What if I find a…?
First we need to establish if the animal you have found really needs your help. Wild parents will leave their babies in a safe place to find food and will come back and take care of them. But sometimes bad things happened, and they do need your help. So…
If you find a sick, injured or orphaned animal, please do the following:
- Do call us immediately at 636-677-3670.
If we do not answer the phone, please leave a message and we will get back to you as soon as possible. If it is a baby animal, and is in a safe place like under a bush in your yard, with no obvious injuries, leave it where it is and check on it every 15 minutes until we call you back. If it is obviously injured, has flies or other insects on it, or was walking around making sounds, capture it safely and proceed with steps 2-5 below.
- Do not feed any animal or you find.
They need to recover from shock before being given solid food, and our rehabbers will evaluate when the are strong enough to eat. We keep them hydrated with special fluid and electrolyte solutions until they can eat. Water, milk, formula, supermarket meat, cat and dog food can all be potentially poisonous to an animal, and force feeding them could cause them to choke.
- Do keep baby animals warm.
Place them in a shoebox with a cloth or paper towel. Placing them on a latex glove filled with warm water and tied off, and covered with paper towel or rag, works well.
- Do keep pets and small children away from the animal.
Keep them in a safe, dry place like a closed bedroom, garage or garden shed, until it can be transported to the clinic.
- Do not keep picking the animal up, cuddle or stroke it, or poke and prod it.
Wild animals are not used to the human comforting sounds and actions of humans, like our pets are. Interacting them more than absolutely necessary can cause excessive stress and raise their heart rate and breathing rate, causing further stress on their bodies that are already trying to recover.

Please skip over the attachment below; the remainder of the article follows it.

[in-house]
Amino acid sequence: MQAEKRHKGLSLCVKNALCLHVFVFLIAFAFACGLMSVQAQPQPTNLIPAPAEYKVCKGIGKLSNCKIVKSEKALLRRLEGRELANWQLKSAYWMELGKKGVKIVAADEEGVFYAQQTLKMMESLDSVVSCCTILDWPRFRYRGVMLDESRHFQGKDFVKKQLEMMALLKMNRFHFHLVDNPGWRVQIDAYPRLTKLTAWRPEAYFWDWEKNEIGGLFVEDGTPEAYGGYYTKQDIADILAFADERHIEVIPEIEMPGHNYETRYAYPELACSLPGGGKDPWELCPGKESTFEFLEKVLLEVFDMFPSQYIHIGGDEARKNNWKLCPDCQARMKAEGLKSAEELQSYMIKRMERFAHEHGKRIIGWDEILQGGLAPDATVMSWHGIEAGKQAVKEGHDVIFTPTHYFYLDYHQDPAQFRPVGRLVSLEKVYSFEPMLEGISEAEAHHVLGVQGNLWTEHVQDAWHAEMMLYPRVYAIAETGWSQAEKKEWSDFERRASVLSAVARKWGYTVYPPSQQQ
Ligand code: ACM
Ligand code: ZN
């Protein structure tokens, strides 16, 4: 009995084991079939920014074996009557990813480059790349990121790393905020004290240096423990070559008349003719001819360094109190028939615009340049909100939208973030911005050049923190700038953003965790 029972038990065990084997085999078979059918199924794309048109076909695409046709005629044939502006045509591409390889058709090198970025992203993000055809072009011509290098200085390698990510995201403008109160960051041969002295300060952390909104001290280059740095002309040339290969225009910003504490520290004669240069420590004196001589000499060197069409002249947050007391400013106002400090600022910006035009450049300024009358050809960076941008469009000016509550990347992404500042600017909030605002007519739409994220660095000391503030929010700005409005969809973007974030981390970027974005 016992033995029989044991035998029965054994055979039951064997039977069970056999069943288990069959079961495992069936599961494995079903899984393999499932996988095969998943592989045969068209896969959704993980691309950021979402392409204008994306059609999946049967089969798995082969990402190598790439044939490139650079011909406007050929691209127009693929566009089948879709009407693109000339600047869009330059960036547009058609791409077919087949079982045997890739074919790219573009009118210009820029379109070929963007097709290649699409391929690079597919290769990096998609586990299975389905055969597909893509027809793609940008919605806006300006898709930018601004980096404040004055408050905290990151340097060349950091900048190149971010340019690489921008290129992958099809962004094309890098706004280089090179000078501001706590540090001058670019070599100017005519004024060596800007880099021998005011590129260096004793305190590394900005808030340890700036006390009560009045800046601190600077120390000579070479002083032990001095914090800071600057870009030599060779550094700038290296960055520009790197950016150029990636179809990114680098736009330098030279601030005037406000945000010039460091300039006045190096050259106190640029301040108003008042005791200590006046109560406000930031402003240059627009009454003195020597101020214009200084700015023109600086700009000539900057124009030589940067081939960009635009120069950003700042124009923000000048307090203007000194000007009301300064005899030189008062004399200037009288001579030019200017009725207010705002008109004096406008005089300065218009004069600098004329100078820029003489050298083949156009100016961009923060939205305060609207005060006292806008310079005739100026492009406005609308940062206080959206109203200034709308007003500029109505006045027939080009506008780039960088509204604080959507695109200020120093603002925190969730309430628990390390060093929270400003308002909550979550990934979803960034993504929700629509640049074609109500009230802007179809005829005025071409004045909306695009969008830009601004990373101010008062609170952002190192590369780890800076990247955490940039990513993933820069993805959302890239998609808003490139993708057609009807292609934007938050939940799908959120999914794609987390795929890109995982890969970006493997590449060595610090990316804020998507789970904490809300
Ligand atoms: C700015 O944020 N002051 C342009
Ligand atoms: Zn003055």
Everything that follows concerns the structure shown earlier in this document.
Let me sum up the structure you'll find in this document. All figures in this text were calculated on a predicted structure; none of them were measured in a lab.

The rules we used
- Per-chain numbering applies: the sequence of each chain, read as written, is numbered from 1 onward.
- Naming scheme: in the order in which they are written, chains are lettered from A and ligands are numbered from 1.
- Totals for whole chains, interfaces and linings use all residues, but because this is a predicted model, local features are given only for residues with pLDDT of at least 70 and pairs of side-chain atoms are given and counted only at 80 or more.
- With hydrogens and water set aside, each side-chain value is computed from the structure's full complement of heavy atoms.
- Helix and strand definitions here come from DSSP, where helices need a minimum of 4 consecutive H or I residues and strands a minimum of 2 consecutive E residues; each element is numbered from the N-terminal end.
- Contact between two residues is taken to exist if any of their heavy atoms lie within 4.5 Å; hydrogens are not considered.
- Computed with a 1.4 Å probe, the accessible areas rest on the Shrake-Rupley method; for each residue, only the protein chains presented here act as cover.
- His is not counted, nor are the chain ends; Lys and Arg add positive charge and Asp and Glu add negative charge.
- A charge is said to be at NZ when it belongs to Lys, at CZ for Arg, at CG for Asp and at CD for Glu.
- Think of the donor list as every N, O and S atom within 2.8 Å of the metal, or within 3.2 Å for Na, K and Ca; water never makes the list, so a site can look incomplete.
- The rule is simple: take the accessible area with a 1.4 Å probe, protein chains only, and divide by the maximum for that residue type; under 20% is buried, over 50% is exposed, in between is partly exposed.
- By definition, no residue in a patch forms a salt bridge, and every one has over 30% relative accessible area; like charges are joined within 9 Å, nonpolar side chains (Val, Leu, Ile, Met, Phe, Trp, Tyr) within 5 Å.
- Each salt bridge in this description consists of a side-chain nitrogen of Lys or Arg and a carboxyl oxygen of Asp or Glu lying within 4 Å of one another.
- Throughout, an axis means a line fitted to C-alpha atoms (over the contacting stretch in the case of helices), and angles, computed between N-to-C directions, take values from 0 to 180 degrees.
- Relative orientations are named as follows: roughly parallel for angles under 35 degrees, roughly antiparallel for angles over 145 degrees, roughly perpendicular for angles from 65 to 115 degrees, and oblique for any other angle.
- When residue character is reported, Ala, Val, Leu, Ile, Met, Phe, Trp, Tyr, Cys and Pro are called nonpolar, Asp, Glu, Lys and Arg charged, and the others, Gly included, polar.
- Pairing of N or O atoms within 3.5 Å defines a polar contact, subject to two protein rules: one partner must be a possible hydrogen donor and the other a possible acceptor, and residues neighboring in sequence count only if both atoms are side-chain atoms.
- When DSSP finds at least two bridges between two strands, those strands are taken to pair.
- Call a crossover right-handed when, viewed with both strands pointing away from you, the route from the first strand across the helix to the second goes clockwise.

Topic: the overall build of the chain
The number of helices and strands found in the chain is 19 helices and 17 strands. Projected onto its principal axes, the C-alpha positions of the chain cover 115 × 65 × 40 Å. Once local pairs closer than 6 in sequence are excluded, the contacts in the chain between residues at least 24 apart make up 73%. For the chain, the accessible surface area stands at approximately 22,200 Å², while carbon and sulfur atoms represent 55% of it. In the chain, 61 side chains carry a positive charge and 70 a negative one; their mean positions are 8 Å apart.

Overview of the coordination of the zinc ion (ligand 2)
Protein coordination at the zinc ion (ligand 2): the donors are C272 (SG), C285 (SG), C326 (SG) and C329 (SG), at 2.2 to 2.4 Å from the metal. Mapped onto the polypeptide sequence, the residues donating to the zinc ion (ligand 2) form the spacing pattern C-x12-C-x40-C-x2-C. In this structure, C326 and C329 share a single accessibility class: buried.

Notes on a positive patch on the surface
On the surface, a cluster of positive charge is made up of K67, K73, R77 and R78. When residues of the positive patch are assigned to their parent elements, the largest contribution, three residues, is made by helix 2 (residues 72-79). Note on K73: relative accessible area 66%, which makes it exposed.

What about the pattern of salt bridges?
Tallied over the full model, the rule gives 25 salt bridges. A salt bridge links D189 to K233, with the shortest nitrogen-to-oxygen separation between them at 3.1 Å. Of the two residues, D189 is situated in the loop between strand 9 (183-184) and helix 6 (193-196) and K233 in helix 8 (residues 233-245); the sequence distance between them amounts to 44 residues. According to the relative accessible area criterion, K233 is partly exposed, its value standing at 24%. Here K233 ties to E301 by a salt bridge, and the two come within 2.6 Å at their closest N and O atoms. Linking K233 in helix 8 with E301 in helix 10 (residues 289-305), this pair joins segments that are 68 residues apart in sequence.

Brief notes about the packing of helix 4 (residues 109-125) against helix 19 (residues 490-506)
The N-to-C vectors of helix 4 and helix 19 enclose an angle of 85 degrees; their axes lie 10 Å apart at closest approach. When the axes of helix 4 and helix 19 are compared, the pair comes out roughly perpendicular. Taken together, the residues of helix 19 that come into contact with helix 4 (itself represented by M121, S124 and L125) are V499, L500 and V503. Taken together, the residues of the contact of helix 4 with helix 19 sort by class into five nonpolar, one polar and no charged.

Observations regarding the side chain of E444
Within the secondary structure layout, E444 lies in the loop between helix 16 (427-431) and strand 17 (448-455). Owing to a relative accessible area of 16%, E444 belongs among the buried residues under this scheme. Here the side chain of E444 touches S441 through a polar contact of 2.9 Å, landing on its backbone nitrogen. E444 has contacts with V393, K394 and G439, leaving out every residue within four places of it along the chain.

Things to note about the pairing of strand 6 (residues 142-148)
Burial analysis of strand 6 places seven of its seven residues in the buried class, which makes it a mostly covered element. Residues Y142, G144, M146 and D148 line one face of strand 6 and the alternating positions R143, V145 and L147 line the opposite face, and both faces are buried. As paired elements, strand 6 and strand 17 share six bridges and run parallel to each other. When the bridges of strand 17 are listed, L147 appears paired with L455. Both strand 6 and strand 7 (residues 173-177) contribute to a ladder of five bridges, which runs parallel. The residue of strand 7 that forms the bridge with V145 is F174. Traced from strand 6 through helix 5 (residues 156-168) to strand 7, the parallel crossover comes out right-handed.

WHAT TO DO…
- If the baby is injured or has been touched by a cat, call a rehabilitation ASAP.
- If the baby is uninjured, stay back and give mom a chance to retrieve her young. Give a few hours, even if baby is crying (the cries will alert mom to where baby is).
- Moms typically have two nests, so if one is damaged she can move her young to the other.
- If there are cats, dogs or too many people in the area, you can put the baby in a shoe box attached partway up the tree where the nest is.
- If you are worried or unsure, call a licensed rehabilitator for advice.
IF YOU MUST TAKE A BABY SQUIRREL IN…
- Put the baby in a box with an old, clean t-shirt (to avoid toenails from getting tangled in the loops of a towel).
- Keep them in a warm, dry place, away from pets.
- To keep younger babies warm, fill a sports drink bottle with warm water, wrap in cloth and put it in the box with the baby.
- DO NOT offer and food or water. Aspiration pneumonia is very hard to cure, and improper formulas cause more problems than they solve.
- Call a licensed rehabilitator in your area and get the baby to them as soon as possible.
Raccoons are great moms. PLEASE let them raise their own babies!
If you find ‘misplaced’ baby raccoons, put them in a box overnight along a path that the mother would take. She will find and relocate them.
DO NOT KEEP BABY RACCOONS TO RAISE YOURSELF